As the big name carriers all race to offer the first-of-its-kind 5G network, there’s a lot of buzz about the technology. Some policymakers talk as if 5G will replace rural internet. We’re here to dispel some myths and explain what this means for our customers and service areas.
5G is the 5th generation mobile network. Its predecessors include G, LTE, 2G, 3G, and 4G LTE.
It’s said to be 100 times faster than the current 4G network, theoretically topping out at 10 gigabits per second.
As stated by PC Mag, 5g is “(Barely) Real.” Verizon, Sprint, T-Mobile, and AT&T have all claimed to have some form of 5G wireless technology, though it’s only available in limited rollouts across select cities. Even then, the only phones that are able to work on it are expensive and likely won’t work on the future nationwide networks once implemented.
Since most of this technology is still solidly in the testing phase, we won’t likely see actual working 5G devices and nationwide availability until 2022.
Until that time, the mobile carriers will be working hard to spread awareness of their brand as the best (future) 5G provider. Expect lots of buzzwords and confusion as mobile carriers prepare to make the switch from one network to the other.
In order to provide these super high speeds, a 5G network relies on very high-frequency radio waves that travel only a short distance. That means more cell towers are necessary to keep the network up and running. This may not be an issue for heavily-populated, urban areas, but the cost to provide a dense network as required would come at a high cost.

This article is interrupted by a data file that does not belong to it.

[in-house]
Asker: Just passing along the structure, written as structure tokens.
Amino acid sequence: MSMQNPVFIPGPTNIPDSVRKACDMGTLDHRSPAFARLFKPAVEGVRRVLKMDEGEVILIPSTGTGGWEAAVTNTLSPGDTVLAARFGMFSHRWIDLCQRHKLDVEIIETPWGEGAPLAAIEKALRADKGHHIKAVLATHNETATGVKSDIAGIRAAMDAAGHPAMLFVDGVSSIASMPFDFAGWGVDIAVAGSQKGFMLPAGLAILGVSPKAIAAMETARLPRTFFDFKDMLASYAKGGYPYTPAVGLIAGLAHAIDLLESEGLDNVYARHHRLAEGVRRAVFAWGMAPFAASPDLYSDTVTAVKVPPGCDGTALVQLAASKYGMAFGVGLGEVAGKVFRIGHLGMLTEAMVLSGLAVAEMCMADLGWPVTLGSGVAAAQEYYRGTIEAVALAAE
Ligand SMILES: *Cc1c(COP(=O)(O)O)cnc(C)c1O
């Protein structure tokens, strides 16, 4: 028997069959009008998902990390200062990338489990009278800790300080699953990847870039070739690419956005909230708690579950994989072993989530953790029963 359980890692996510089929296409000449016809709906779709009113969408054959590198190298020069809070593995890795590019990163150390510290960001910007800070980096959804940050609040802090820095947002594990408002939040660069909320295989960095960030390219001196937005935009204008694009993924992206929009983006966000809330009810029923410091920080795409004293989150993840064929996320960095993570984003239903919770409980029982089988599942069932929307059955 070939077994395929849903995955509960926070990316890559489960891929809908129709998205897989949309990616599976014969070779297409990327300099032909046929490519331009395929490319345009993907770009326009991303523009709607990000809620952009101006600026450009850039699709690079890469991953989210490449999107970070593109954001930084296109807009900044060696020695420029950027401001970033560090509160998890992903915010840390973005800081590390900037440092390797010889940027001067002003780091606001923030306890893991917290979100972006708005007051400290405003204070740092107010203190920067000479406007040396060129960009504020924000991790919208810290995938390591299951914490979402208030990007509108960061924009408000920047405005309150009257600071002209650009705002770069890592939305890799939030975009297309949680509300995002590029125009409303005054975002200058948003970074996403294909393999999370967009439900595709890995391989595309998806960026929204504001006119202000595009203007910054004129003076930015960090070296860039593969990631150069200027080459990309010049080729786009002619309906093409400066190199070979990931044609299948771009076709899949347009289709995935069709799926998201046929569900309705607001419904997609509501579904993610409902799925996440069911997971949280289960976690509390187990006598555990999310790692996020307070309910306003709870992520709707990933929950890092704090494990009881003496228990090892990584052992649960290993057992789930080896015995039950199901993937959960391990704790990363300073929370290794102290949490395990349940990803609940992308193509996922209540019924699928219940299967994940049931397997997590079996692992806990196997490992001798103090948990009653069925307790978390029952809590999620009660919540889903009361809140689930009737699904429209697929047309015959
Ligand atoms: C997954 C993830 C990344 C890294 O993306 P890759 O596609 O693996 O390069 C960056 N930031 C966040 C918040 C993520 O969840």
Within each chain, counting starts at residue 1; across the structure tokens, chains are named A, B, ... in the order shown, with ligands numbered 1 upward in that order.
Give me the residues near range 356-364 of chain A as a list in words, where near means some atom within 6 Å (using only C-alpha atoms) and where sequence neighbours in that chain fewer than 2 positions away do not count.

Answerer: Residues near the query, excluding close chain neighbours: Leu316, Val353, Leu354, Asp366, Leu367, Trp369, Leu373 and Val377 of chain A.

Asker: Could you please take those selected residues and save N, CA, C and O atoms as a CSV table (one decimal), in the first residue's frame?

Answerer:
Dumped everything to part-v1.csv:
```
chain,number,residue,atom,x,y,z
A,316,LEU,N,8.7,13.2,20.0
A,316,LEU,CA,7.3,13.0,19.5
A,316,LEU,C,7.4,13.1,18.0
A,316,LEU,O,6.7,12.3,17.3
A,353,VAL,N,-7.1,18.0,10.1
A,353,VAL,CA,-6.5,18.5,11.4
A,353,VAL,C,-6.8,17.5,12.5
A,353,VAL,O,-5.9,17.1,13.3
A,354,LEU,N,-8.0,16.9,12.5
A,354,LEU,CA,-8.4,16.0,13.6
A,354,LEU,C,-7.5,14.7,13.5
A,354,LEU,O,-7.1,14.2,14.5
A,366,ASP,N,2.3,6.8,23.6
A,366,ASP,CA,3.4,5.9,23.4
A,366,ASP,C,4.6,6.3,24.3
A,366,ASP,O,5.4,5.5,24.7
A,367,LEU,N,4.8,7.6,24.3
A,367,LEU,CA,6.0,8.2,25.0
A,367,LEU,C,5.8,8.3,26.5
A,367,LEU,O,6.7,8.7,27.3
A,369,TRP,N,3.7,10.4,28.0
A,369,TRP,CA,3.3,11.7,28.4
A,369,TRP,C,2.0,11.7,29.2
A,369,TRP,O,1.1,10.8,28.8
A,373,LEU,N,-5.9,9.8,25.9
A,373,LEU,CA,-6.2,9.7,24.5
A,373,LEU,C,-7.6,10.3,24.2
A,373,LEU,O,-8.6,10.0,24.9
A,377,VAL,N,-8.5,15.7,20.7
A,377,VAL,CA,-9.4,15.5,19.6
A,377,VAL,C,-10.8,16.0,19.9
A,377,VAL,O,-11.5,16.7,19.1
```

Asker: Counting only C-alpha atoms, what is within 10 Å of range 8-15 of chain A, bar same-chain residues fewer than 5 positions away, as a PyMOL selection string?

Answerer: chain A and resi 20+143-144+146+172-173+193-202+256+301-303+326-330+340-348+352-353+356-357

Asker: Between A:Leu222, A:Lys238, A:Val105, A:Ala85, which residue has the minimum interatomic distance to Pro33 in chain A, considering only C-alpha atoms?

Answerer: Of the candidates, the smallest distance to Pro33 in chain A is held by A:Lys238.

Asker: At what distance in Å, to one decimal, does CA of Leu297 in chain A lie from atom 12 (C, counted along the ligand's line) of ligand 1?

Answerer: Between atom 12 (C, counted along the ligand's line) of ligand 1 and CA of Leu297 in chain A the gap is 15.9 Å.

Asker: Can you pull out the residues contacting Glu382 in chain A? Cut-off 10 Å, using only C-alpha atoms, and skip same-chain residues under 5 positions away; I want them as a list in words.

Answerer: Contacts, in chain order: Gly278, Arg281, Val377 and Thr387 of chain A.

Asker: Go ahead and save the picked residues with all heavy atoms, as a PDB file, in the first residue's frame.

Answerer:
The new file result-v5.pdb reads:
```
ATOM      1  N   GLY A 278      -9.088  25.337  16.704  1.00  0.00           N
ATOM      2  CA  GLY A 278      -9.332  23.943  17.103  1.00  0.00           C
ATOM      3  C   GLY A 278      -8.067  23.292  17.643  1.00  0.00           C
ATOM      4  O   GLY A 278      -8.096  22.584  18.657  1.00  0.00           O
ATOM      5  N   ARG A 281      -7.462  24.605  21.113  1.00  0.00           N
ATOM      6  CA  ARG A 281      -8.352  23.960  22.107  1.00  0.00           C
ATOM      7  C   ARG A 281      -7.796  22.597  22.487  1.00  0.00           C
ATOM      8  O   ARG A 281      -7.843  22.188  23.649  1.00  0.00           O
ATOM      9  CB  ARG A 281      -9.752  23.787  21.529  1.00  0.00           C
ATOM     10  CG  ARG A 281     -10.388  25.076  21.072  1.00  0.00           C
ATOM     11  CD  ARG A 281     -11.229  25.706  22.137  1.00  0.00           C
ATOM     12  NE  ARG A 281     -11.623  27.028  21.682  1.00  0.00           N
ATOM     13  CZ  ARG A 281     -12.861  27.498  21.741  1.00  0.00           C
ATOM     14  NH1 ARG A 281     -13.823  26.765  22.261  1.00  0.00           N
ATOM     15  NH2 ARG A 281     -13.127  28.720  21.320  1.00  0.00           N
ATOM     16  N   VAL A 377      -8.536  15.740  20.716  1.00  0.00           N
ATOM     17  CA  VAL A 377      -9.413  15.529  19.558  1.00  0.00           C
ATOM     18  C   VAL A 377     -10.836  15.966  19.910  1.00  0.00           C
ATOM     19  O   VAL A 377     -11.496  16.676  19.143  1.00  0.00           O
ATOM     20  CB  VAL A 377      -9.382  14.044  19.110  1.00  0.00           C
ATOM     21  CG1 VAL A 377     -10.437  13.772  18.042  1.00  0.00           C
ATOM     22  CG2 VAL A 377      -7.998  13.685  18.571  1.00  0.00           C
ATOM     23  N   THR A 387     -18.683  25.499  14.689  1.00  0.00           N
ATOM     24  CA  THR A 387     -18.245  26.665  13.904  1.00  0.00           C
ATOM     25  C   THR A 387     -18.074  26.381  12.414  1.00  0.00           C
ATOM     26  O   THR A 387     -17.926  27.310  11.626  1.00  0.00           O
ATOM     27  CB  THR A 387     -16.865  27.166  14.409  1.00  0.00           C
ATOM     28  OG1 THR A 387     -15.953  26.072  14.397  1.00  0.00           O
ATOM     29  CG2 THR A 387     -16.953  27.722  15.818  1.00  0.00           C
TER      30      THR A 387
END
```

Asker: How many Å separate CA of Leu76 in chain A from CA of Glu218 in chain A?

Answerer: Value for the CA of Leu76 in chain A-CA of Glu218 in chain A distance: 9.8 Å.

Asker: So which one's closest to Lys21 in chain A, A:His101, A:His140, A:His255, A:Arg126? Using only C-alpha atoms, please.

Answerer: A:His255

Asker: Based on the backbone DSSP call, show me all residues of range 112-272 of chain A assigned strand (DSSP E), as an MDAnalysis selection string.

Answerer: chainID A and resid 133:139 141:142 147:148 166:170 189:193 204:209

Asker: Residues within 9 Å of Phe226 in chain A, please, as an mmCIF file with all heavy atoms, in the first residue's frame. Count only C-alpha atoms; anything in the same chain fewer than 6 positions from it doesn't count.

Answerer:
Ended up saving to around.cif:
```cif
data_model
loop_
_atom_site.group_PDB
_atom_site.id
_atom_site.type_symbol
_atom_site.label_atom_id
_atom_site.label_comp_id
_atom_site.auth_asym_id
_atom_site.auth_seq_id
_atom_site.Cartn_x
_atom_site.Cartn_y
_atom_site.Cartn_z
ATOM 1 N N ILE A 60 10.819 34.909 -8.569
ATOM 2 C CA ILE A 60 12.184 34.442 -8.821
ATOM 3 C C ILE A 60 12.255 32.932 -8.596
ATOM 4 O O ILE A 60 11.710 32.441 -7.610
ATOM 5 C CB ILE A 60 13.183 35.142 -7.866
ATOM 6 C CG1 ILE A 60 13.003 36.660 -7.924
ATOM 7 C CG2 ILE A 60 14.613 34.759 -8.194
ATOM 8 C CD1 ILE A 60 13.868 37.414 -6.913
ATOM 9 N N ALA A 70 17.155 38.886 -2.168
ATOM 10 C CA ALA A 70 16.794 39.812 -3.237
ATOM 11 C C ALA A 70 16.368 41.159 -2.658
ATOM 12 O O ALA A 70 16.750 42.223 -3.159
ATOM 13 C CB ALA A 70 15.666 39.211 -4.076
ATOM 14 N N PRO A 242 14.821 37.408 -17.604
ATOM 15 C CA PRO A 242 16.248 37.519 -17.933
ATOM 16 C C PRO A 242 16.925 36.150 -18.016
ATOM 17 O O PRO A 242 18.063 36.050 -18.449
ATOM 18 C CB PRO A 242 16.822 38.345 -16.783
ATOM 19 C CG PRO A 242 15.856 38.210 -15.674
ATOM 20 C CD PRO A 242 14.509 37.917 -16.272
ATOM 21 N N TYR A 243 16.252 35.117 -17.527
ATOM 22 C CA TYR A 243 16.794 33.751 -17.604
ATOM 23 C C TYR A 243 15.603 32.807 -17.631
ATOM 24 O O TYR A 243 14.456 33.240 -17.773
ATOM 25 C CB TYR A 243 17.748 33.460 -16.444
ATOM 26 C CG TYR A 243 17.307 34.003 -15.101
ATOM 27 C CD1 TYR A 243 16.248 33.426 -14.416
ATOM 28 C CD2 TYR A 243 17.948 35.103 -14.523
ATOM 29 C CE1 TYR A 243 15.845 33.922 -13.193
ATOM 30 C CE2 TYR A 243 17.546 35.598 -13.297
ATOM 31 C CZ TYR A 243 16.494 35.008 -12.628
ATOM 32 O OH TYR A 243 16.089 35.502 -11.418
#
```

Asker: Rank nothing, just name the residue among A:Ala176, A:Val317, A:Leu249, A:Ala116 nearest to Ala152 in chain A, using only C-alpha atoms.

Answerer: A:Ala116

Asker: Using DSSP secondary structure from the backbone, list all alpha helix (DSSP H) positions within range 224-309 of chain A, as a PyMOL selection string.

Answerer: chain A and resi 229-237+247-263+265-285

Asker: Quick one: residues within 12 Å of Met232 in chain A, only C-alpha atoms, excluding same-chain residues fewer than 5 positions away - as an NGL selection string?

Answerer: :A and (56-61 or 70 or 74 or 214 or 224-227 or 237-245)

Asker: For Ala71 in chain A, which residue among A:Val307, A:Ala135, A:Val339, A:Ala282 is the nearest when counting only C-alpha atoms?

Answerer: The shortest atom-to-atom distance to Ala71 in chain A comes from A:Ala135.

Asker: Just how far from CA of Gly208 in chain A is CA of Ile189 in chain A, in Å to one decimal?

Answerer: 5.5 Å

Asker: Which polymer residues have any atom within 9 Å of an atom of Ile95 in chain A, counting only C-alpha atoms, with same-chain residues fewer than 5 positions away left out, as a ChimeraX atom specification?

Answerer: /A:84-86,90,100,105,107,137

If we examine the history of the big name mobile carriers in rural areas, the expectation is that 5G won’t come to our area soon - if at all.
Policymakers are tossing around those terms, but many are skeptical. Will 5G technology be a miracle tech that will fill in the rural gaps in internet connectivity across the nation? Not likely.
In fact, T-Mobile’s own CTO, Neville Ray, has admitted to such when saying that the millimeter-wave spectrum used for 5G “will never materially scale beyond small pockets of 5G hotspots in dense urban environments.”
With the expense of FTTH, or Fiber To The Home, infrastructure for 5G connections, it’s unlikely that the tech will ever reach the areas in rural America.
In stark contrast, local service providers like YK Communications aren’t hyping up 5G tech just to skip over small communities like El Campo, Markham, Louise, and Ganado. While “the big guys” are spending millions on commercials and deciding we aren’t worth the investment, rural service providers are investing in infrastructure to bring new, faster technology to the communities we serve - right here in rural America.
In fact, YK Communications is bringing a fiber network to El Campo, TX: www.ElCampoFiber.com
So our small towns may not see 5G anytime soon, what we do have as rural broadband service providers is the opportunity to serve customers that live, work, and play in the same places as our employees. Thank you for letting us serve you.